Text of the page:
Education: Degree in chemical engineering from Mumbai’s ICT; MBA from Wharton
Role: Revved up the R&D division; will now steer the company’s financial performance
Education: Degree in pharmacy from University of Mumbai; MBA from Kellogg School
Role: Runs the US subsidiary and oversees other foreign markets
B y 2002 Mumbai-based pharma firm Lupin, founded by former professor Desh Bandhu Gupta and known for its TB drugs, was already an emerging star. But with a market capitalisation of $108 million it wasn’t close to being as valuable as Dr Reddy’s Laboratories, which was at $1.7 billion.
One reason investors were not as hot on Lupin was it had no presence in the US whereas competitors like Dr Reddy’s had already latched on to the generics opportunity there. “We really had to come up with a good strategy for the US,” recalls Chief Executive Vinita Gupta, the founder’s daughter and the oldest of five siblings. Lupin had lost valuable years because the Guptas had made an unrelated diversification into real estate in the 1990s. “We’d lost our way,” admits Vinita’s younger brother, Nilesh, Lupin’s managing director.
In 2005 the Guptas plunged into the burgeoning US market, with Vinita leading the charge, and Nilesh assuming a bigger role at home. Since then Lupin—named after a flower that thrives even in barren soil—has blossomed again. Within a decade it has notched up US revenues of $706 million, 40 percent of its total sales. (It claims to be the fifth-largest, by prescriptions, generics firm in the US.)
Back in India, too, Lupin has climbed the ranks to become the third-largest (by revenue) domestic pharma company. This year it also entered the ranks of Forbes Asia’s Fabulous 50, a roster of Asia-Pacific’s best big listed companies. Patriarch Gupta, who owns 47 percent of the company, has seen his net worth jump to $3.3 billion on a 60 percent stock-price rise.
Lupin’s growth was spurred in part by a slew of company and brand acquisitions in the US and elsewhere. With 12 manufacturing plants—including two in Japan—the Guptas are now aiming for $5 billion in revenues by 2018.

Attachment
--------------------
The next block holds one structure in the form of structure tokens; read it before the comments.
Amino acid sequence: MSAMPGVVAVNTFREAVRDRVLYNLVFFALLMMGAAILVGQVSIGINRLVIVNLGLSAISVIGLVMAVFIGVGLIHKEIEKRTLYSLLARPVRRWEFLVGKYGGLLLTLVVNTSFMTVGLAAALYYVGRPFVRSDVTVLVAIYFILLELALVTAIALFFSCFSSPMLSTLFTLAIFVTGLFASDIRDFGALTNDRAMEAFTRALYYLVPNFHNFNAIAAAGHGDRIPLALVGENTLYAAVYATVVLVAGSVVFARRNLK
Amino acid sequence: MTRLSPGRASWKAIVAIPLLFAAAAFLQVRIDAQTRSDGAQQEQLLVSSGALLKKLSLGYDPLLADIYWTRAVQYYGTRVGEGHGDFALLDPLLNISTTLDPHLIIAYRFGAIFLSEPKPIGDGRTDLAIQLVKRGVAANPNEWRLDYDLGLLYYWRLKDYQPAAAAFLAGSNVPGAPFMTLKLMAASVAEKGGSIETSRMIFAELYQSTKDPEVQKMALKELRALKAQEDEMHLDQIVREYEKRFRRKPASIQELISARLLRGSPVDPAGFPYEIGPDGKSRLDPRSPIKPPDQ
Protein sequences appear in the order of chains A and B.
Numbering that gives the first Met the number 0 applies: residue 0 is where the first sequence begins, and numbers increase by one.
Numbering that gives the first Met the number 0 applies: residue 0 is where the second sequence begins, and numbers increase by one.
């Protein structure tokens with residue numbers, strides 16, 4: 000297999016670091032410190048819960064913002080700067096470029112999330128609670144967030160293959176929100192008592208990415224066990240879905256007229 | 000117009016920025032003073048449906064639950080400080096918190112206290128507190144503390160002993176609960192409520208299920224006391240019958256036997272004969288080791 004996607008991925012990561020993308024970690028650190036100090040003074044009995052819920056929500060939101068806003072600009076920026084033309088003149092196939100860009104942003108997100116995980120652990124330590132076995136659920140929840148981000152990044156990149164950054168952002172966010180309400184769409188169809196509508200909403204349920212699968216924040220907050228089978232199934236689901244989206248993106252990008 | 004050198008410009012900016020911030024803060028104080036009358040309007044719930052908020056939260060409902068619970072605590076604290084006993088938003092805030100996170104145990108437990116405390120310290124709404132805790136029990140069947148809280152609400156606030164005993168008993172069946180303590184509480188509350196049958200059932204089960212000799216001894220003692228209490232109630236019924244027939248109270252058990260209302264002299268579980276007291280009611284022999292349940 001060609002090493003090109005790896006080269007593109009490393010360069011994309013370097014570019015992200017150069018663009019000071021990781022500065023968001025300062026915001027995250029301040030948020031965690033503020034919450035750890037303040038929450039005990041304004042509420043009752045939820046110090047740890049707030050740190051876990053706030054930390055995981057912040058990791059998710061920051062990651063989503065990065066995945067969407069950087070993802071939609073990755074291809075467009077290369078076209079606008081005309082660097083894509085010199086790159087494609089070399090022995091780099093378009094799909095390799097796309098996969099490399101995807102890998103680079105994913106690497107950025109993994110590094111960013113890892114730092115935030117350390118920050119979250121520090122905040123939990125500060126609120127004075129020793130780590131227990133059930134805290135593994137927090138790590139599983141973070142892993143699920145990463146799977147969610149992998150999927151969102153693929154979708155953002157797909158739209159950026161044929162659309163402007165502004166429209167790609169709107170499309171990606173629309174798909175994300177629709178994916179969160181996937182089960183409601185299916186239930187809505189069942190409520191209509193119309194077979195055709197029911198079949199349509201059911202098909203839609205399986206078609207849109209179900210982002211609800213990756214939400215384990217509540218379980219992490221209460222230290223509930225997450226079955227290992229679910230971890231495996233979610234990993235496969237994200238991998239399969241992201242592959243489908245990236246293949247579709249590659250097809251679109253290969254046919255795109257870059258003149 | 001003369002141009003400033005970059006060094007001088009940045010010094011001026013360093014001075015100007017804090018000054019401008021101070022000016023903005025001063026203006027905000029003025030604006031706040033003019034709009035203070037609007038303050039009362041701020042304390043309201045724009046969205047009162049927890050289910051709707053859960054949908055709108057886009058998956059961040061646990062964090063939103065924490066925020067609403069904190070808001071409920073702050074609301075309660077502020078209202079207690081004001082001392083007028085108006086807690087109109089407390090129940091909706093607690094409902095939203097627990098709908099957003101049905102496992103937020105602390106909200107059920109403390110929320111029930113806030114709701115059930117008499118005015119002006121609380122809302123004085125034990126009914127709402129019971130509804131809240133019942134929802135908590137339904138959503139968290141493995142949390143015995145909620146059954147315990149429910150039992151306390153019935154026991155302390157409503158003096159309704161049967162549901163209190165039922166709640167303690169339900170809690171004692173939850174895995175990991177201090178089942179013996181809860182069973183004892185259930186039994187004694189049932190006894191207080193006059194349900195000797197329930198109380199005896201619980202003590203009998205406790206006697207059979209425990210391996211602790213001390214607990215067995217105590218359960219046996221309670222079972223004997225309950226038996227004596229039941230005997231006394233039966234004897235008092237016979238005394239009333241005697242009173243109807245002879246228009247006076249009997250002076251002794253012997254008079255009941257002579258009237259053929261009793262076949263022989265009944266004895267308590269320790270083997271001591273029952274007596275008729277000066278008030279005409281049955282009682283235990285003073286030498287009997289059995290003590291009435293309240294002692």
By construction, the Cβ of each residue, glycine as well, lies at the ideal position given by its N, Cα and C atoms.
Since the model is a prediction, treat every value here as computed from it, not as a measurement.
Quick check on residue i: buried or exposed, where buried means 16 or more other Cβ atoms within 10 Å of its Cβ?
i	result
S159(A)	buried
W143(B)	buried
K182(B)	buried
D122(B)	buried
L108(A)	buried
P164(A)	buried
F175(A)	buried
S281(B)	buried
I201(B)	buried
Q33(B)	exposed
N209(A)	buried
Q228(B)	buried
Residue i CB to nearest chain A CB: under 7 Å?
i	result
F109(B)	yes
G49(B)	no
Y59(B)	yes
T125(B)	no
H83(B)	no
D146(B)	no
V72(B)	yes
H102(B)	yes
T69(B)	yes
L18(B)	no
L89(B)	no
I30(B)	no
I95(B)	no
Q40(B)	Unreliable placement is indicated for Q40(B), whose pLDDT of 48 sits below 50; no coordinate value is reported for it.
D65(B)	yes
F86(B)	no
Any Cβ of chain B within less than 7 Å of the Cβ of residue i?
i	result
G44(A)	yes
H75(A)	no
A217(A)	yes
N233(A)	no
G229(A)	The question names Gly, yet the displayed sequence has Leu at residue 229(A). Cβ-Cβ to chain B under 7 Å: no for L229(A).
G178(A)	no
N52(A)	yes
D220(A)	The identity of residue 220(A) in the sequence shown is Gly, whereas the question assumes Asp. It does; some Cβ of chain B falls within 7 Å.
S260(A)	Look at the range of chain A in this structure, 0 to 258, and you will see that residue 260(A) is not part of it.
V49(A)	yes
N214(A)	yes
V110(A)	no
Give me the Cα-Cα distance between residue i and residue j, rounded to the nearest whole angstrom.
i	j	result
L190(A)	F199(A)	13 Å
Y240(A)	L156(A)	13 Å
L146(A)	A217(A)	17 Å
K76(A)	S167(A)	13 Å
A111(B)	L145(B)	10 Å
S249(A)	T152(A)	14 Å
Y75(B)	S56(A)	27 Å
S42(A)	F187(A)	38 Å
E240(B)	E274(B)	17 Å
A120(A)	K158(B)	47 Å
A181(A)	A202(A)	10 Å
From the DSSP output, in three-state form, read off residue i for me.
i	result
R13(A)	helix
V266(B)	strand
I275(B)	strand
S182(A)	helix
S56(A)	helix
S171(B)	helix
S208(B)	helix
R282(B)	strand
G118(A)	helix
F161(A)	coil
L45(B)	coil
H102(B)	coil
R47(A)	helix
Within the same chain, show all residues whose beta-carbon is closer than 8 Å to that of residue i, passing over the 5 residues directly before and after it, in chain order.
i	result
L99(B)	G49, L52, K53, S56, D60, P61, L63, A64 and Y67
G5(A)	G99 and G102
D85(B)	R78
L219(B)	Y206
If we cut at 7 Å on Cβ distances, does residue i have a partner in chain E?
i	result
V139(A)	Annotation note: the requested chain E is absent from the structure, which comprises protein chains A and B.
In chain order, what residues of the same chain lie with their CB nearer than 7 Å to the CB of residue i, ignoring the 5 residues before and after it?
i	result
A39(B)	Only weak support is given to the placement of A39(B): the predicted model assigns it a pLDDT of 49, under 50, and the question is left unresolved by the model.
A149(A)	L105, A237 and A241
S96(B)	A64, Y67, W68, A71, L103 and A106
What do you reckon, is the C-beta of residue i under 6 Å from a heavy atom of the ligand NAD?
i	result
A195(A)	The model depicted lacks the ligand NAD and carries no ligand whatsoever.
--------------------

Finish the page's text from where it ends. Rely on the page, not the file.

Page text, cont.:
Lupin got its start in 1968 as a small vitamin company with a $120 investment by Gupta. He refocussed on anti-TB drugs and became a global leader in this neglected segment, just as the scourge was about to show rising incidence in several parts of the world. “Lupin embodies my vision to fight life-threatening diseases by manufacturing drugs of the highest social priority,” says the 75-year-old Gupta.
This September he formally handed over the day-to-day running of the company to Vinita, 45, and Nilesh, 39. He is still chairman and appears at No. 19 on the India Rich List. Three other daughters aren’t in the business.
Gupta says his decision was a well-planned one. “Both Vinita and Nilesh have been a part of the business—and a part of Lupin’s growth plans for over 15 years now.” The two siblings say their association has been even longer. “We grew up listening about Lupin—Dad was extremely participative,” says Nilesh. “He would always share what was happening with the company.” The kids tagged along on business trips, too. “I went on a trip to Europe when I was 11 years old—during my summer vacation,” recalls Vinita. “I would sit in a corner observing my dad.” The family home, too, was a venue for visiting employees and pharma luminaries.
Gupta fondly notes that his daughter was always keen. “I don’t think that I could have kept Vinita away from Lupin, seeing how passionate she’s always been about it,” he says. Vinita joined the company in 1993 when she was 25. Armed with a degree in pharmacy from University of Mumbai, she went on to get an MBA from Northwestern’s marketing-heavy Kellogg School. After learning the ropes in different departments she dedicated herself to cracking open overseas markets.